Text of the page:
For valuations above $10,000,000, the guidelines above apply.
Please note that the discussion above relates only to the potential value of the stock in the future, not its value today. I’m recommending that the director be offered options to purchase restricted common stock on a basis similar to the employees, but that the number of these options be such that they would represent $150,000 if the same number of preferred stock shares were purchased today (assuming 1:1 conversion).
Single trigger acceleration on change of control: Acceleration on change of control is often a hotly negotiated item in a venture financing. Feld thinks single trigger acceleration in change of control is rarely appropriate for management, but will always accept it with regard to board members since 100% of the time they will not be part of the company post acquisition. By providing 100% acceleration on change of control, you eliminate any conflict of incentives in an M&A scenario.
Clear understanding as to how the vesting will work if the board member leaves the board. In the case of Angels who guide and build a company up sufficiently to attract a VC round, they are very likely to be replaced although still willing and available to serve. In these cases, I believe their vesting should accelerate: I recommend full acceleration. Since Director Options are non-qualified, and the Directors are unpaid, they should be allowed the full term of the option plan (approx. 10 years) to exercise them.
In other cases it should be clear – in advance – that the vesting on the options ends if the person is asked to leave the board or voluntarily leaves the board. This seldom creates an issue when it is discussed up front.
No direct cash compensation for directors before a company is cash positive. If someone insists on cash compensation for board service in an early stage company, they are not qualified to be a board member since they simply don’t get it
Reimbursements for reasonable expenses: Board members should always be reimbursed for expenses they incur on behalf of the company. However, these should be “reasonable” and should conform to the company’s expense policy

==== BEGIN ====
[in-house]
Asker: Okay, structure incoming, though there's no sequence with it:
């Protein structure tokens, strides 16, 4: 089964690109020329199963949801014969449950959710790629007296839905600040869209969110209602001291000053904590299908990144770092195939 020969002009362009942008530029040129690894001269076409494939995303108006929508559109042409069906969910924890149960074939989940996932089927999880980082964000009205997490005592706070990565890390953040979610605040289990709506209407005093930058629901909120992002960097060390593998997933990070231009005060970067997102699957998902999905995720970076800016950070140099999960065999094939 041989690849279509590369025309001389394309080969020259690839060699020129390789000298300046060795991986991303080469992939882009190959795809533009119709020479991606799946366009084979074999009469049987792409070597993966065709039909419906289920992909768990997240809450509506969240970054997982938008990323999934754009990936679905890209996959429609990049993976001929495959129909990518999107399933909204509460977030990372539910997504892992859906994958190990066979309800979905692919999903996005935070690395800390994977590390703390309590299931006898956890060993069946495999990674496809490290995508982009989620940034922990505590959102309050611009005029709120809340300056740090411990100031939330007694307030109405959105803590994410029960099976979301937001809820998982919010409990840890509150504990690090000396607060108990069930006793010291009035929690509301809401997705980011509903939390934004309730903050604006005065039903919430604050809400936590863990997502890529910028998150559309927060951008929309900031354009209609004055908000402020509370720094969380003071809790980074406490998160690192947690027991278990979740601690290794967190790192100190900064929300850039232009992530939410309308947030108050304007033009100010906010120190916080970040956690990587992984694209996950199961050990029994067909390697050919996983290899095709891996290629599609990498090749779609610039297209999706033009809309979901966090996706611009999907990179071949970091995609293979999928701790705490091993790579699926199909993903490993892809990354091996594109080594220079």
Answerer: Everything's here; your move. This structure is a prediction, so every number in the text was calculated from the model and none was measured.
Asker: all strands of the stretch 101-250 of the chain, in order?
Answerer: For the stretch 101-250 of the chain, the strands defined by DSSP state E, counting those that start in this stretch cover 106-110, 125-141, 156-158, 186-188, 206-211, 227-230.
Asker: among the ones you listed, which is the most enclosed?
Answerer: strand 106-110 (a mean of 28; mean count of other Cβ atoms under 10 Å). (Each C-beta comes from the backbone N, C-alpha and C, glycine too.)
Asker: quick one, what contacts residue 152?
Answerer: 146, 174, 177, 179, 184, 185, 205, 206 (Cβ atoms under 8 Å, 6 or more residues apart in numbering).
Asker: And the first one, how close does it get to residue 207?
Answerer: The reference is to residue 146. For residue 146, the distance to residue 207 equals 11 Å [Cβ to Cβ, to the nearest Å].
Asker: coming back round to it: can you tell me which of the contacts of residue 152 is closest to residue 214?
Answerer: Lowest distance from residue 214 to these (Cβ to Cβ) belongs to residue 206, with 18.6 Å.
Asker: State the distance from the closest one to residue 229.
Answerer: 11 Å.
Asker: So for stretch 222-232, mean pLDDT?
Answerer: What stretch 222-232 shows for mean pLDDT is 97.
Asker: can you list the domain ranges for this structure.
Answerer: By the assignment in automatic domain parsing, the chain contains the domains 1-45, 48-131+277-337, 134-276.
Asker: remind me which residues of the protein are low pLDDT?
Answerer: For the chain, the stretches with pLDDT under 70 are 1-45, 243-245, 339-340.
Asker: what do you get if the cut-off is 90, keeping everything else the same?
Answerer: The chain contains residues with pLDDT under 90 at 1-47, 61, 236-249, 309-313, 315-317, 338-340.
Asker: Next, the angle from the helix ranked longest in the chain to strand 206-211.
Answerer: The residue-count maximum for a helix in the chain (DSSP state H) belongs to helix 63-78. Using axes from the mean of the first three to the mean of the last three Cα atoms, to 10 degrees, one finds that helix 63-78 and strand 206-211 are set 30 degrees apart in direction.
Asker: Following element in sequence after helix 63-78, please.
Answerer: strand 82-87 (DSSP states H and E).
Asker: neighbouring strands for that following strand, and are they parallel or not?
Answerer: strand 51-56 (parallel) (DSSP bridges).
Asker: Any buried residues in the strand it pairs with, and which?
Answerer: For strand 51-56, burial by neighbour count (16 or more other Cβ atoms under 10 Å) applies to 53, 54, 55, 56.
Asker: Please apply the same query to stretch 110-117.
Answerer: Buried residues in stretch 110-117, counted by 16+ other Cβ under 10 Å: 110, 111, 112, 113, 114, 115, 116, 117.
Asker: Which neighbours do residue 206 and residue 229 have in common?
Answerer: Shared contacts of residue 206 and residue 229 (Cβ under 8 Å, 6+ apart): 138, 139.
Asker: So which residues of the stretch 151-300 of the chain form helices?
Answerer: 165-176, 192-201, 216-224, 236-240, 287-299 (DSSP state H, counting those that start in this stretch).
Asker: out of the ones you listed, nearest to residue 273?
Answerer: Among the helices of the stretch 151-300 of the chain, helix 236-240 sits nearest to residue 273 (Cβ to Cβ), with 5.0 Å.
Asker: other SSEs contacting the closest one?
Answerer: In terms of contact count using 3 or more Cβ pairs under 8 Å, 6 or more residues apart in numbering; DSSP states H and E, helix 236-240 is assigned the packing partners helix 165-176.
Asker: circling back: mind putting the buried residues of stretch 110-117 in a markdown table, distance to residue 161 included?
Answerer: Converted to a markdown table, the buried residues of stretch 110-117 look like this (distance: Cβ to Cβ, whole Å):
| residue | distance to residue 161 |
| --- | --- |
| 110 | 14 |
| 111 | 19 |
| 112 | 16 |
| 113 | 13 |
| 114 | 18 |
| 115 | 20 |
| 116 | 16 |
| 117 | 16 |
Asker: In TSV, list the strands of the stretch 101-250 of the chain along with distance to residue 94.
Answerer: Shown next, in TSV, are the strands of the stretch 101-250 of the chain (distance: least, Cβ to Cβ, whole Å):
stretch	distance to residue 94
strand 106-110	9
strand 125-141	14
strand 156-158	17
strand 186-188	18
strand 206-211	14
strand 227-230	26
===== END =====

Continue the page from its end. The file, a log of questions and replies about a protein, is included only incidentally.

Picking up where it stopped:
Opportunity to invest in the most recent financing: I strongly believe that all board members should be given an opportunity to invest on the same terms as the most recent Angel round. Looking backwards, this might be difficult, but at a minimum the board member should be invited to invest in your next round. While we should always encourage this investment, I don’t view it as mandatory – I think it’s a benefit an outside board member should have for serving on a board, not a requirement.
Advisory Board members should be compensated near the lower range of the guidelines about, say 0.25%, vesting as described above.
The involvement of board observers varies greatly, from company to company as well as from person to person. Some observers essentially function as a full-fledged board member except for voting privileges. Thus compensation for observer roles should be expected to vary accordingly.
VCs and state sponsored fund directors are paid by their employers and should not also be compensated by the company
Exceptions for Angels filling management roles; we all know of cases where Angels have filled in and played an active working role in their companies. In seed deals, this is often required for the company to be successful. Feld’s thoughts are as follows. “In seed stage companies - especially pre-funding – an early board member might receive founder status depending on his involvement in the company. When I was making angel investments, I’d occasionally commit to a much higher role than simply “a board member” – occasionally I’d be chairman and/or an active part time member of the management team. In these cases, I’d typically get an additional equity grant (usually founders stock) separate from my board grant. As with other members of the founding team, I’d have specific roles and responsibilities associated with my involvement (usually financing, strategy, and partnership related) and – even though I was a board member – I was often accountable to the CEO for these responsibilities.”
As is our custom, we have run this post informally by a few colleagues. James Geshwiler (Common Angels) and Christopher Mirabile (Launchpad Venture Partners) have been comfortable with one percent for Directors. Jeff Hermann (Walnut Ventures), comments "the ranges you give are reasonable and justifiable, but you may be a bit too dogmatic in tone. Everything is adjustable based on the specifics of a situation, including the valuation of the company, the expected contribution and involvement of the board members, the amount of "adult supervision" that the company will require, the anticipated timeframe to exit, etc."
What do you think?
What do you think?
|The original DEC Board, with Bill Congleton fourth from left. My recollection is that he was very well compensated for his service. To his left is Harlan Anderson, perhaps the first of our modern Angel Investors.|